Heading to the beach this summer? Here are some of our favourite beach locations that will not only keep the family happy but give you the chance to get out and shoot some great photos. Story by Brent McKean.
Australia is one of the best continents for untrammelled beach locations, and the best part is that while many are isolated (and thus rarely visited by tourist hordes), they’re often not too hard to access. Here are some of our top national park beaches for photographers.
Garie Beach, Royal National Park, NSW
Located at the southern end of the Royal National Park, south of Sydney, Garie Beach is a great spot for photography, beachcombing and swimming. Make sure you bring your zoom and a tripod because at the right time of year you’ll see whales. The beach is accessible by road, with a few walking tracks that include Garie Beach, such as the Curra Moors walk, the walk from Wattamolla along the coast. The most well-known is the scenic two-day/27km coast track.
Bittangabee Bay, Ben Boyd National Park, NSW
Ben Boyd National Park has several beaches and excellent surfing spots in the northern and southern sections of the park. A great place to visit is Bittangabee Bay, a rocky enclosed cove which holds a picturesque little beach. Any photographer who visits the beach should try the 8.5km (one way) walk between Bittangabee Bay and Green Cape Lighthouse, which forms a section of the Light to Light walk between Boyd Tower in the north, and Green Cape Lighthouse to the south.
Squeaky Beach, Wilsons Promontory National Park, Victoria
Squeaky Beach is a wonderfully peaceful location, but it’s known for its sound more than anything else! Named due to the rounded quartz sand grains that ‘squeak’ when you walk on them, Squeaky Beach is also a good spot for photographing the park’s pristine coastline and the rock formations at the northern end of the beach. If you want a nautical feel to your photos aim your lens beyond the surf to the Bass Strait and look for passing boats.
Wilsons Promontory is Victoria's most southerly point. Its wild, untouched terrain and pristine beaches make it a favourite location for landscape photographers. This image, by Paul Hoelen, was shot during a sea kayak tour of the area.
Bay of Fires, Tasmania
Located on Tasmania’s east coast, the beautiful Bay of Fires is a not-so-well-kept local secret. It was named one of the world’s hottest travel destinations by Lonely Planet Publishing in 2009. It’s easy to see why, with its iconic orange granite boulders, beautiful white sandy beaches, and amazing views out over the blue water. The light in the morning and at dusk really brings out the fluorescent colours of the lichen on the rocks.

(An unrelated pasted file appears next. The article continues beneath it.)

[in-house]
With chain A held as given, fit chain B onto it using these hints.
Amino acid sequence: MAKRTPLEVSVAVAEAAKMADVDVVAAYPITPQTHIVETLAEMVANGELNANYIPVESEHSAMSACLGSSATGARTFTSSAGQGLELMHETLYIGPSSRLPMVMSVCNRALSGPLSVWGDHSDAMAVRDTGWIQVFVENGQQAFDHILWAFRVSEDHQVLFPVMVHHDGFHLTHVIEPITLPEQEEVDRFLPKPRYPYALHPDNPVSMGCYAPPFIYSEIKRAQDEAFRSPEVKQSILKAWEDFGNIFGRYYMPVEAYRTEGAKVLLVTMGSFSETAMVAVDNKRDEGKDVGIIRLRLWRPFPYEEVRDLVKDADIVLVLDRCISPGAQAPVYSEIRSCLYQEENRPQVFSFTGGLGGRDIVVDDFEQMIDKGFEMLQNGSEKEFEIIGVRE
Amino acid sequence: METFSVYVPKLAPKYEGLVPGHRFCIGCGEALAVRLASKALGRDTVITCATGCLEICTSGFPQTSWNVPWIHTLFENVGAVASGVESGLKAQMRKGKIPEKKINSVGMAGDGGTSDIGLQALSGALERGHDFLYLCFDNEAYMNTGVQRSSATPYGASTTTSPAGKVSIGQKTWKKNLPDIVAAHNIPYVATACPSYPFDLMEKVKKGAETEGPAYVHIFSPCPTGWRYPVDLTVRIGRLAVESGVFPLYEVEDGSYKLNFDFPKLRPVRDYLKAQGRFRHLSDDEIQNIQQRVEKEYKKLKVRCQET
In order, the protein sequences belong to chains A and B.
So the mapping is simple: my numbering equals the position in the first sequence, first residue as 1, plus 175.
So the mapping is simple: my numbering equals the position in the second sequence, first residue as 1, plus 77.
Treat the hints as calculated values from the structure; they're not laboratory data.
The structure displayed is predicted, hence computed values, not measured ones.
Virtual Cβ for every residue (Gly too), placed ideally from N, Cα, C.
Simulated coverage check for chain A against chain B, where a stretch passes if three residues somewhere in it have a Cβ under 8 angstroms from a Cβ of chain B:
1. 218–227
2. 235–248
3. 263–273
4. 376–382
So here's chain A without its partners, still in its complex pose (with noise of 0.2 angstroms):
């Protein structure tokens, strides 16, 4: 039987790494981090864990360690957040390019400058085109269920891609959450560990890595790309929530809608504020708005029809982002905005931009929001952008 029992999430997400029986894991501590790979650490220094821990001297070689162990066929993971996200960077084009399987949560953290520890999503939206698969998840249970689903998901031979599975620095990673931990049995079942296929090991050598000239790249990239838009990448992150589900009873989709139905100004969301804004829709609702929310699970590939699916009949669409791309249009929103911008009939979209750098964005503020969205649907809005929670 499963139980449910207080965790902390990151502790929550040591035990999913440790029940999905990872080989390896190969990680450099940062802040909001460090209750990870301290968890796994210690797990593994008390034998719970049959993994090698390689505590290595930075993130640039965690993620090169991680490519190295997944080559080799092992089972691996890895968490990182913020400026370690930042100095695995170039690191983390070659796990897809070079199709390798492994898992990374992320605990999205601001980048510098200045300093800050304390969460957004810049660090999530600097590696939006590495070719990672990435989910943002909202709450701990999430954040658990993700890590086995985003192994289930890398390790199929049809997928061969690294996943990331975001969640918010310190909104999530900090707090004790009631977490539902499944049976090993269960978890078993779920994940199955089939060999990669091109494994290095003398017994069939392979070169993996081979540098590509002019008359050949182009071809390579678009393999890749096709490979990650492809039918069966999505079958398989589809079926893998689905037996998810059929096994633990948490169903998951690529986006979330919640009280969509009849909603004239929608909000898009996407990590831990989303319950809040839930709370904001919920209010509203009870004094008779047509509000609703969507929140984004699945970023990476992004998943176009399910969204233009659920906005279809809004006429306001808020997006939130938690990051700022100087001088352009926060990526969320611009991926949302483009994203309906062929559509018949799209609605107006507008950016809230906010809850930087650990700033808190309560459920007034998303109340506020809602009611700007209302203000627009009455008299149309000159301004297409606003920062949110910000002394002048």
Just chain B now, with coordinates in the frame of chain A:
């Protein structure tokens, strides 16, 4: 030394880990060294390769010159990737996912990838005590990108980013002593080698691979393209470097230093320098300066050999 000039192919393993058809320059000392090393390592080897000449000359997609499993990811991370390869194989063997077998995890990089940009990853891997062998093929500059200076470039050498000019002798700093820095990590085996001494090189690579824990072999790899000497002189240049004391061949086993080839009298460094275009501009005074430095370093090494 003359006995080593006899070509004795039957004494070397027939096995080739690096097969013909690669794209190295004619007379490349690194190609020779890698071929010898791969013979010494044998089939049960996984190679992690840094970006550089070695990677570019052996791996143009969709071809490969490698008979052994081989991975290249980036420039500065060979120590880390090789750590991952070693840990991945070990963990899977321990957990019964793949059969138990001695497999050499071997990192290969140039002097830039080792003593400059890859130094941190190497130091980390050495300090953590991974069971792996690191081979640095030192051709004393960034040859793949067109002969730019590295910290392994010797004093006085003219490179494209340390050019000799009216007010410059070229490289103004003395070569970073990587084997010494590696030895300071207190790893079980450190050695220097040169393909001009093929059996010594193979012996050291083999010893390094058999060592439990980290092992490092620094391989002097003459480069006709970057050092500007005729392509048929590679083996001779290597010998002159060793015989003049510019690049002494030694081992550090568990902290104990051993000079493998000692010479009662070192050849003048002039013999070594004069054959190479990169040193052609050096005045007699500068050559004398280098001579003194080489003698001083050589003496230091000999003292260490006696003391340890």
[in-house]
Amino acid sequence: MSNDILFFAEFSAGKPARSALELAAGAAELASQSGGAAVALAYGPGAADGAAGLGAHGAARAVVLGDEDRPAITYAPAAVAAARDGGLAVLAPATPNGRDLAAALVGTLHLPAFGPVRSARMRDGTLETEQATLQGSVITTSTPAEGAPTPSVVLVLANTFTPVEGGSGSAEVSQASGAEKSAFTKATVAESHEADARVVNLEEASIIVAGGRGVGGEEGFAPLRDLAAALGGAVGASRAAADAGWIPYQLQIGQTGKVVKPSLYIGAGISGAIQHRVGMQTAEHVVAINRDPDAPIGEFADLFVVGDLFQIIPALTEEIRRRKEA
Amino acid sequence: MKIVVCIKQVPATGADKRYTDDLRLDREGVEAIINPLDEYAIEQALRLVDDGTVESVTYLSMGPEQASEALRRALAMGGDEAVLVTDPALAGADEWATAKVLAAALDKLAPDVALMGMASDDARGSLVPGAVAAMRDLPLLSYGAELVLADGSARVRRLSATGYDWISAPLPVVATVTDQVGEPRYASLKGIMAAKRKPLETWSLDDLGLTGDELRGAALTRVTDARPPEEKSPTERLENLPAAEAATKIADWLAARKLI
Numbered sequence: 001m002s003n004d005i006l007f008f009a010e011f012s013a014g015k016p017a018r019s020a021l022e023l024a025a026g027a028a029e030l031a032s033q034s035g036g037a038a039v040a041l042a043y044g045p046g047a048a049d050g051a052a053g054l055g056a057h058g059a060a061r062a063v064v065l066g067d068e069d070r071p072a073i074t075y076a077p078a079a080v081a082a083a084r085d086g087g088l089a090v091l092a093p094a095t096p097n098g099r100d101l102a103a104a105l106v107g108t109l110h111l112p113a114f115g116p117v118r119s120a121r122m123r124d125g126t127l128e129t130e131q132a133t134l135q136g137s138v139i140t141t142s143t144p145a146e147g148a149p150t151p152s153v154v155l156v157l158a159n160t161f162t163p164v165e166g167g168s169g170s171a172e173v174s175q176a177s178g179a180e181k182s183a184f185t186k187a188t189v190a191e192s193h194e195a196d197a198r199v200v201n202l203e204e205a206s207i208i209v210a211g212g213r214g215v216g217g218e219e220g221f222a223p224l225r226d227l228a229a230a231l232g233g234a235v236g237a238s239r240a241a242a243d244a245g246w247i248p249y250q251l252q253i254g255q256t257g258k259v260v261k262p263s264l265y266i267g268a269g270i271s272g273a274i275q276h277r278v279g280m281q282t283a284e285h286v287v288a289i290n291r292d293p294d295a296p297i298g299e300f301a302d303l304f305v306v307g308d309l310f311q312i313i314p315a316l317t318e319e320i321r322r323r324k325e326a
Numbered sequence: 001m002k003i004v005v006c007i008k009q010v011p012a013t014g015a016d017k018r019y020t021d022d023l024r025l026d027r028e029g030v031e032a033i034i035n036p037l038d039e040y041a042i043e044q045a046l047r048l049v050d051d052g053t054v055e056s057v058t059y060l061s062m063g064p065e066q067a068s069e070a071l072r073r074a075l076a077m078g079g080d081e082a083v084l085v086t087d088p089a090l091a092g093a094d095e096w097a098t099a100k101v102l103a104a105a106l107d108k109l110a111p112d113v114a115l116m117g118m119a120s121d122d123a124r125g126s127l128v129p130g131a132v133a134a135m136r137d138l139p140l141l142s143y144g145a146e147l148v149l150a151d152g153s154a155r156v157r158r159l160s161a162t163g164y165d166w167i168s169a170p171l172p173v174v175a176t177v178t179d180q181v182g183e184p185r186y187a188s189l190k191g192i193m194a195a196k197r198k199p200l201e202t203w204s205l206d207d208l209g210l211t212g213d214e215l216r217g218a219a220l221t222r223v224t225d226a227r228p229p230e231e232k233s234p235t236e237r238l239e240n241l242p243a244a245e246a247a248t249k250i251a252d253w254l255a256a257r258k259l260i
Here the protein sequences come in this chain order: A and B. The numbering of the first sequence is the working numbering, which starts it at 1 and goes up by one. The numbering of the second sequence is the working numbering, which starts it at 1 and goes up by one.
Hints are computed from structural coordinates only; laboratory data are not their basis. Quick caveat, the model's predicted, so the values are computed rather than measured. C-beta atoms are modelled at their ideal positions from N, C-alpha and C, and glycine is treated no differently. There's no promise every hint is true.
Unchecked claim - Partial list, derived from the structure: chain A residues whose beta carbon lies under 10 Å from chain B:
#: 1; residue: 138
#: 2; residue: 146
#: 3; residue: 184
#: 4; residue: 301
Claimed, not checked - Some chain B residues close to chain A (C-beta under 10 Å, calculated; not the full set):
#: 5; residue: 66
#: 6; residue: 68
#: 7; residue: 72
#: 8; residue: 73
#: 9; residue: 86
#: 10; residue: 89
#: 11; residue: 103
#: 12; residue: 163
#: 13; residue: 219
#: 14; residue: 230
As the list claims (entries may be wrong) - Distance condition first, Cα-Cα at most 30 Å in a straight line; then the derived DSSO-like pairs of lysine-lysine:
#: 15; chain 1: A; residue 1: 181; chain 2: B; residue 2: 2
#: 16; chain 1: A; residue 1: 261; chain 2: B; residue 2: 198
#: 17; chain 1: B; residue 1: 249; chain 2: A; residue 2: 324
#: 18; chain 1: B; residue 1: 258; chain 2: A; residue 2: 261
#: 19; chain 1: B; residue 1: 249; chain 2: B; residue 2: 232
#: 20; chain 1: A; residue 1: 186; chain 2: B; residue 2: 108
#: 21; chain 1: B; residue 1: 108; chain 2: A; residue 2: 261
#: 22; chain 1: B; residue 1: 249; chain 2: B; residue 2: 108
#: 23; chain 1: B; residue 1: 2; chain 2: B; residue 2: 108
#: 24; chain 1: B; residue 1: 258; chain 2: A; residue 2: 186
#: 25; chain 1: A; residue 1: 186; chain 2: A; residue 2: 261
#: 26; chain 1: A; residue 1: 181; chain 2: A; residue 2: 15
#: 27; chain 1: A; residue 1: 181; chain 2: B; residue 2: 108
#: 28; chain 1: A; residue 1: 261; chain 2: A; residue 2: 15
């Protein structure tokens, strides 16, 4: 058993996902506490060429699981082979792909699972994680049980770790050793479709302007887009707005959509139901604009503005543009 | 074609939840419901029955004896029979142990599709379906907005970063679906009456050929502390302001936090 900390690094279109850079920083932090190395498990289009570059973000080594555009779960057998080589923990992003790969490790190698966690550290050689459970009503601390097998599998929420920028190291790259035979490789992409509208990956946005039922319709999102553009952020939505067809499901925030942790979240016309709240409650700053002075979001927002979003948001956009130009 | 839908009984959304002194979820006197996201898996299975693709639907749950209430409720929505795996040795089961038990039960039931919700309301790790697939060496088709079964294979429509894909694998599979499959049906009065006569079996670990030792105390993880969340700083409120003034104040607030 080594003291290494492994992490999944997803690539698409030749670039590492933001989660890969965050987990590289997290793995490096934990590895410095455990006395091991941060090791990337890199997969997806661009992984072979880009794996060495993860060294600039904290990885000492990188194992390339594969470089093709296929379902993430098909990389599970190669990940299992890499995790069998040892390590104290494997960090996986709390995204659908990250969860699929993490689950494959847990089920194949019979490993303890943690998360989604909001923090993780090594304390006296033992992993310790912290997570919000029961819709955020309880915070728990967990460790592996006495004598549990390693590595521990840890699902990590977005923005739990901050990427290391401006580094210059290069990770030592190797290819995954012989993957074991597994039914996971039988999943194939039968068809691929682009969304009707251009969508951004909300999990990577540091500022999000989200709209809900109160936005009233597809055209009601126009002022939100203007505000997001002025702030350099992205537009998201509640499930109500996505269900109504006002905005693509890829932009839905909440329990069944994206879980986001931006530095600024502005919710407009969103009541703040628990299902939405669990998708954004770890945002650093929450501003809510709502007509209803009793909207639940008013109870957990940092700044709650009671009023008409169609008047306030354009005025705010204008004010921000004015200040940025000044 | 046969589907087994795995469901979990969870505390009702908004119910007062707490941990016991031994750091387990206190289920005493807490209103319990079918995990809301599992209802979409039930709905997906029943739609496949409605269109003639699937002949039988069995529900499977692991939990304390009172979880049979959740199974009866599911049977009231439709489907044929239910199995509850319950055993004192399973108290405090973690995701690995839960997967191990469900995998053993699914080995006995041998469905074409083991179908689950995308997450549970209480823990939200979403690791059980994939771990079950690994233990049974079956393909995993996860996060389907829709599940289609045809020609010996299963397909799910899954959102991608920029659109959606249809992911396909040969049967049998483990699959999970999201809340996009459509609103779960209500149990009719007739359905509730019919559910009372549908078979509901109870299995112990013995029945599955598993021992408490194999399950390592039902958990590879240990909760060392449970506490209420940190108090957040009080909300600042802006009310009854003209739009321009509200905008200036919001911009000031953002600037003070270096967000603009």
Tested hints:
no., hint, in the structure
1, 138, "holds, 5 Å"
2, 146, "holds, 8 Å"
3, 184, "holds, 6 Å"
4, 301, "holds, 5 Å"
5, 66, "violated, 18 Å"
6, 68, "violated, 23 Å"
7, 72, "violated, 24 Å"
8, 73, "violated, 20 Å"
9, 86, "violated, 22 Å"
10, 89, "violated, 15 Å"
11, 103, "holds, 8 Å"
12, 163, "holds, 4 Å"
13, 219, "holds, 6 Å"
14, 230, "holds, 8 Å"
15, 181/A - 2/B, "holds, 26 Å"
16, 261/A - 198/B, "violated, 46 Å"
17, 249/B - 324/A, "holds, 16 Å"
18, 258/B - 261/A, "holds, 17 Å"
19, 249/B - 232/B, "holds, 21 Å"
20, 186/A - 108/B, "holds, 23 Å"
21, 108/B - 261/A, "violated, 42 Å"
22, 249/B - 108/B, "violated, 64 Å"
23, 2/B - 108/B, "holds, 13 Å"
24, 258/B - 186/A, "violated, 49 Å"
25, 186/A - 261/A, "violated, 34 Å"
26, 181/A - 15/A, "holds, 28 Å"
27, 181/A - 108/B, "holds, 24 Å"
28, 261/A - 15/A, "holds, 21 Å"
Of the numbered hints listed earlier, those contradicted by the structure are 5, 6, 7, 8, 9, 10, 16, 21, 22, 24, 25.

Whitsunday Ngaro Sea Trail, Queensland
The Whitsunday Ngaro Sea Trail is an unusual walk, as it takes you between the islands that make up Whitsunday Island National Park, using both walking tracks on land, and seaways via kayaks. This means you’ll get to see not just one beach but several. There are the white sands of Lookout Beach and Whitehaven Beach on Whitsunday Island, Sandy Bay on South Molle Island, and Curlew Beach on Hooke Island. Bring a waterproof camera!
The Whitsundays, Queensland. The Whitsunday Ngaro Sea Trail uses walking tracks on land, and seaways via kayaks.
Shelly Cove, Leeuwin-Naturaliste NP, WA
Located on the northern shores of Cape Naturaliste, the small enclosed Shelly Beach is a popular spot, as it faces northeast and is protected from the south-westerly winds. Cape Naturaliste and its lighthouse are also part of the northern end of the 135km Cape to Cape track.
Rocky Point (adjacent to Leeuwin-Naturaliste National Park), is typical of the coastal environment in this region. Shelly Cove is nearby and is part of the 135km Cape to Cape walk along this coast. This rocky coastline mostly faces west (though Shelly Cove faces east and is more exposed to morning sunlight).
D’Estrees Bay, Kangaroo Island, SA
The beaches of Kangaroo Island are located on the south coast. The south-western end (Point Tinline) forms part of the Cape Gantheaume Conservation Park, while its north-eastern end (Point Reynolds) is accessible by a private road that is open to the public. For photographers Kangaroo Island has gorgeous coastlines, lush landscapes and wildlife.
Kangaroo Island, SA. This large island off Cape Jervis is spectacular. Its southern coast has wide beaches, sometimes hosting large numbers of seals. The Remarkable Rocks (seen here) are a dramatic visual feature. Photo by Darran Leal.